Fulton Mayor Ronald Woodward, a Republican, said the Birds Eye takeover has devastated his town, adding that he is troubled to learn that New York pension money helped finance the acquisition.
“Isn’t that a slap in the face to the people in Fulton that are losing their jobs and paying the salaries of those union workers and they’re using their investments there,” Woodward said. “It’s like biting the hand that feeds you.”
The financial crisis of 2008 and subsequent recession have left U.S. state public pensions $694.2 billion short of having enough assets to pay future benefits by the end of their 2010 budget years, according to data compiled by Bloomberg.
Private equity deals promised higher returns than stocks and bonds. The 15-year median return on stocks for public pension funds with more than $1 billion assets, before fees, is 5.5 percent annualized as of Dec. 31, 2011, while the median return for private equity in that time period is 9.8 percent, according to the Wilshire Trust Universe Comparison Service.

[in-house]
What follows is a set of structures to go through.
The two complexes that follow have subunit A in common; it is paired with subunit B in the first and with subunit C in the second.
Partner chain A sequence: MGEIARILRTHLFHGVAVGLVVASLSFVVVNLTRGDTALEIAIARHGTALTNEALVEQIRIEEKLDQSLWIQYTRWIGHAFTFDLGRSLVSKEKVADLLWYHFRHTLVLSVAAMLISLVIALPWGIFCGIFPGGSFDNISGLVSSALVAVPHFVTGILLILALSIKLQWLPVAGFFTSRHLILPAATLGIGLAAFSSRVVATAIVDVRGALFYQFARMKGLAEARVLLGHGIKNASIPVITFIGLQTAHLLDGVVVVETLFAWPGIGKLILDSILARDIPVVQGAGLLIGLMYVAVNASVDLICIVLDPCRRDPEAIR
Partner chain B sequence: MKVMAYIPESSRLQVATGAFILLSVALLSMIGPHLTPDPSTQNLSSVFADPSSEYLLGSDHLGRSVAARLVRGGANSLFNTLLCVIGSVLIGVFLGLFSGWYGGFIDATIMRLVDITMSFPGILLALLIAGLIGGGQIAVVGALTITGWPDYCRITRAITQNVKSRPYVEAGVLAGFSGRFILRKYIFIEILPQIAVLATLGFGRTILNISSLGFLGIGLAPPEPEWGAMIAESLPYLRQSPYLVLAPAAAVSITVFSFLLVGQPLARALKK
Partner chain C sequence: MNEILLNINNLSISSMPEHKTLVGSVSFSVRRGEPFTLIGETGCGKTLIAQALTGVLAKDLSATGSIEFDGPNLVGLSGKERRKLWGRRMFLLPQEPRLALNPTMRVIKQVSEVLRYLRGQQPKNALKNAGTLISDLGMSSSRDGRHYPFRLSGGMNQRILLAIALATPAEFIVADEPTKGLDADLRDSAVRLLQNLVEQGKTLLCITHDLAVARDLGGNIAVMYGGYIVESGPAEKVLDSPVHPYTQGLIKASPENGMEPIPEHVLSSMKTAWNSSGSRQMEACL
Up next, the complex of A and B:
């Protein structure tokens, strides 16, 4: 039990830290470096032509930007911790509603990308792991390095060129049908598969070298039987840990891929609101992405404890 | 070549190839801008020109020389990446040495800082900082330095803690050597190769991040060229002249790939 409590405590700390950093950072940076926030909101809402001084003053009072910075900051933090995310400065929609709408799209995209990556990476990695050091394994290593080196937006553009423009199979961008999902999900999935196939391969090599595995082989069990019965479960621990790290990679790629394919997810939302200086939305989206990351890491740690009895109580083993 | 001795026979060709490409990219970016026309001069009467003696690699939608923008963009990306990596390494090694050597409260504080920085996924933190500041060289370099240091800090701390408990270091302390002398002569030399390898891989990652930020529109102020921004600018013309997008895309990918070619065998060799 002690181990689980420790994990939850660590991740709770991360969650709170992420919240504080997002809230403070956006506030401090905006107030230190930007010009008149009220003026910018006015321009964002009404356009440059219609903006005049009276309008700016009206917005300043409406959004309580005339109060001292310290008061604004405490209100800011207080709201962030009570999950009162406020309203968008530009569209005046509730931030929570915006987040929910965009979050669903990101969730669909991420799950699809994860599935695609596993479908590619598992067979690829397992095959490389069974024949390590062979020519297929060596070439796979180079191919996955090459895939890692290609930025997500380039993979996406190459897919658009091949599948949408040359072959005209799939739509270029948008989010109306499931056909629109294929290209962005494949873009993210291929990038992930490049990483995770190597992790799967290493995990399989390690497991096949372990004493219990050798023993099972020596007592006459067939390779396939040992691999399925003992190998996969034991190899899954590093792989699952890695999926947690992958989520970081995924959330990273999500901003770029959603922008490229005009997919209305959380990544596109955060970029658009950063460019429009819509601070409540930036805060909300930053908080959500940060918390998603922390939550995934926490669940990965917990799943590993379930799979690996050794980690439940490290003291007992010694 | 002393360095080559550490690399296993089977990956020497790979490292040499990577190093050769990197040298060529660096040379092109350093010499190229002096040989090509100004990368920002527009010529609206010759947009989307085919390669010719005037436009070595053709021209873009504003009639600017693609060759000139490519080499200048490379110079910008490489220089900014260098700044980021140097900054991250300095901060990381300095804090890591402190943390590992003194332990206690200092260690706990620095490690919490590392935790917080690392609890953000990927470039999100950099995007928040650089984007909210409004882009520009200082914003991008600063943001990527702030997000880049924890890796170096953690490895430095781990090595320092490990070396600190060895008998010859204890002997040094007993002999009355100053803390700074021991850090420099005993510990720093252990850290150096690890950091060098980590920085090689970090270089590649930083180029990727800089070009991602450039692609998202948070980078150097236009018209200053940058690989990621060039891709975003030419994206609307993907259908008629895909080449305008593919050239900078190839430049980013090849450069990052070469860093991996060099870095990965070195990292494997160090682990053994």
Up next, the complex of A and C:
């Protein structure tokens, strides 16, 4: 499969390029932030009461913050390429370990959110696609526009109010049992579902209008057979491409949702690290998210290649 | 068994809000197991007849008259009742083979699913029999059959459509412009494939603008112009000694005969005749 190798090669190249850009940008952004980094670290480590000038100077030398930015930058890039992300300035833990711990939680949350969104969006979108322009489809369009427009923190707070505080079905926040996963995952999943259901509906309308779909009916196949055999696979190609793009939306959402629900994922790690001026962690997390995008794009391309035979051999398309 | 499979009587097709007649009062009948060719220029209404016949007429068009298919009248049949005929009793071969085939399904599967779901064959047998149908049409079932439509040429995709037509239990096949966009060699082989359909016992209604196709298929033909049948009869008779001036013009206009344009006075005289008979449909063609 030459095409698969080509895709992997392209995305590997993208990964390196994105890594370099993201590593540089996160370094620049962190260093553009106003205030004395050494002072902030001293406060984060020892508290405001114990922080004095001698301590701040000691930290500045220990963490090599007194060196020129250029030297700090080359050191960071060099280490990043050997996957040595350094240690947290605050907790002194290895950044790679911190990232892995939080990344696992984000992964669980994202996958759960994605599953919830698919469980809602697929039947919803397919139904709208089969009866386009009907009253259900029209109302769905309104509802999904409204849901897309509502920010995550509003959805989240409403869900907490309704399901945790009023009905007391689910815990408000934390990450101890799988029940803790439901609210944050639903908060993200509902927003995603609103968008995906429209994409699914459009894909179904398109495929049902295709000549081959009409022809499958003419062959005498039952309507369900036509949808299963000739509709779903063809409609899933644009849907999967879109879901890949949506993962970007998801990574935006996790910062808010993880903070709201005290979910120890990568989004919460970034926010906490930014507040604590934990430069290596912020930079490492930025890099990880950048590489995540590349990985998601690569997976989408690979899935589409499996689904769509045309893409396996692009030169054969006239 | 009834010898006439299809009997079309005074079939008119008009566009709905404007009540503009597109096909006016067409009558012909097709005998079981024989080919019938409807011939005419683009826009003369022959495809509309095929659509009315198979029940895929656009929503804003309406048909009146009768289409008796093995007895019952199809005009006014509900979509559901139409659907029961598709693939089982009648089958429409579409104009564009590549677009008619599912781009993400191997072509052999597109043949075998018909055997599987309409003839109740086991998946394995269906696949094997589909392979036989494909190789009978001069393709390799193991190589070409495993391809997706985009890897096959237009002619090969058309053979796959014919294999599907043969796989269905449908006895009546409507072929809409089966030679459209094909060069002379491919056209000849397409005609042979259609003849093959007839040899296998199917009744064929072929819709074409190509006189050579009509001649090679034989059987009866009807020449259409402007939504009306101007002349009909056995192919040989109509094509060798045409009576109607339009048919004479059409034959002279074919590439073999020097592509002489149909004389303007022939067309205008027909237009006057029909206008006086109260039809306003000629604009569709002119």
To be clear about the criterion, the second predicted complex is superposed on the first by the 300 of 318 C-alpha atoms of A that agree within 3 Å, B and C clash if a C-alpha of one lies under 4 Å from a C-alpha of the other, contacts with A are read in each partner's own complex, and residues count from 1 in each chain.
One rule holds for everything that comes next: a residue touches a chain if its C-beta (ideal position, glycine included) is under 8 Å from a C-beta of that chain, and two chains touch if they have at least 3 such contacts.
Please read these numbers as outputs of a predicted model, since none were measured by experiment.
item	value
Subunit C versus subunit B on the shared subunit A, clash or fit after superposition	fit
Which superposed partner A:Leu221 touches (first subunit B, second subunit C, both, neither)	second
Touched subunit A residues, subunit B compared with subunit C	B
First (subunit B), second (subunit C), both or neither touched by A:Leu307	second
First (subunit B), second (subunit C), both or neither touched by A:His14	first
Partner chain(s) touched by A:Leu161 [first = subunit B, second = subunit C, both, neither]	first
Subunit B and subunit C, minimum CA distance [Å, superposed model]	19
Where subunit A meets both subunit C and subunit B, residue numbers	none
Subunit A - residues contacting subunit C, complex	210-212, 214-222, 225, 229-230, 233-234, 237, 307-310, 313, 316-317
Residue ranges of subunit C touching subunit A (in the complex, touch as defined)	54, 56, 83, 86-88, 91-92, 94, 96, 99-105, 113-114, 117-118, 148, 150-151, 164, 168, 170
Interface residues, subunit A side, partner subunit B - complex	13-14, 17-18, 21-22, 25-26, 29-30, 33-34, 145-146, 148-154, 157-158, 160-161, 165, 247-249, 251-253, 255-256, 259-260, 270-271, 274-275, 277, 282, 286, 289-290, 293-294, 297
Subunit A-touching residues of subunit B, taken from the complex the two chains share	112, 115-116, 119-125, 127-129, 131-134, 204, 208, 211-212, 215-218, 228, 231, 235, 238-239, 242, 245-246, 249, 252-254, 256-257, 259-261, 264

New York state’s teachers pension’s private equity investments delivered an annual rate of return of 11.8 percent as of June 30, 2011. New York City’s private equity investments in four of its five pension funds have returns ranging from 9.2 percent to 11.1 percent.
That helps save taxpayers money. For workers and the acquired companies, the benefits can be harder to discern.
A study led by the University of Chicago’s Steven Davis, based on 3,200 private equity deals from 1980 to 2005 and published in September, sought to quantify the impact. It found that employment at acquired companies dropped 6 percent in the next five years relative to stand-alone peers as they shuttered lagging businesses.
Still, the companies also added workers by opening new business lines and through acquisitions. The study concluded that such deals accelerated the “creative destruction” of jobs.
Rose Pitcher, 50, experienced that first-hand. After working 25 years at the Birds Eye plant in Fulton, she wrapped up her last shift in November as Pinnacle moved the plant’s jobs to Wisconsin and Minnesota. Other employers in the area, like an apple-packing plant in Oswego, pay less than half the $17 an hour she was making overseeing the machine sealing packages of Voila! ready-made meals at Birds Eye.
“There just doesn’t seem to be anything out there,” she said.
Blackstone says it has a record of boosting employment overall. In 2011, Blackstone’s companies added 4.6 percent to their payrolls by creating new jobs, rather than through acquisitions, and increased them 3 percent in 2010, said Rose, the company spokesman. That outpaced job growth in the economy, he said.
“Private equity is a vital source of capital to grow and strengthen companies where public capital cannot or is unwilling to invest,” said Rose.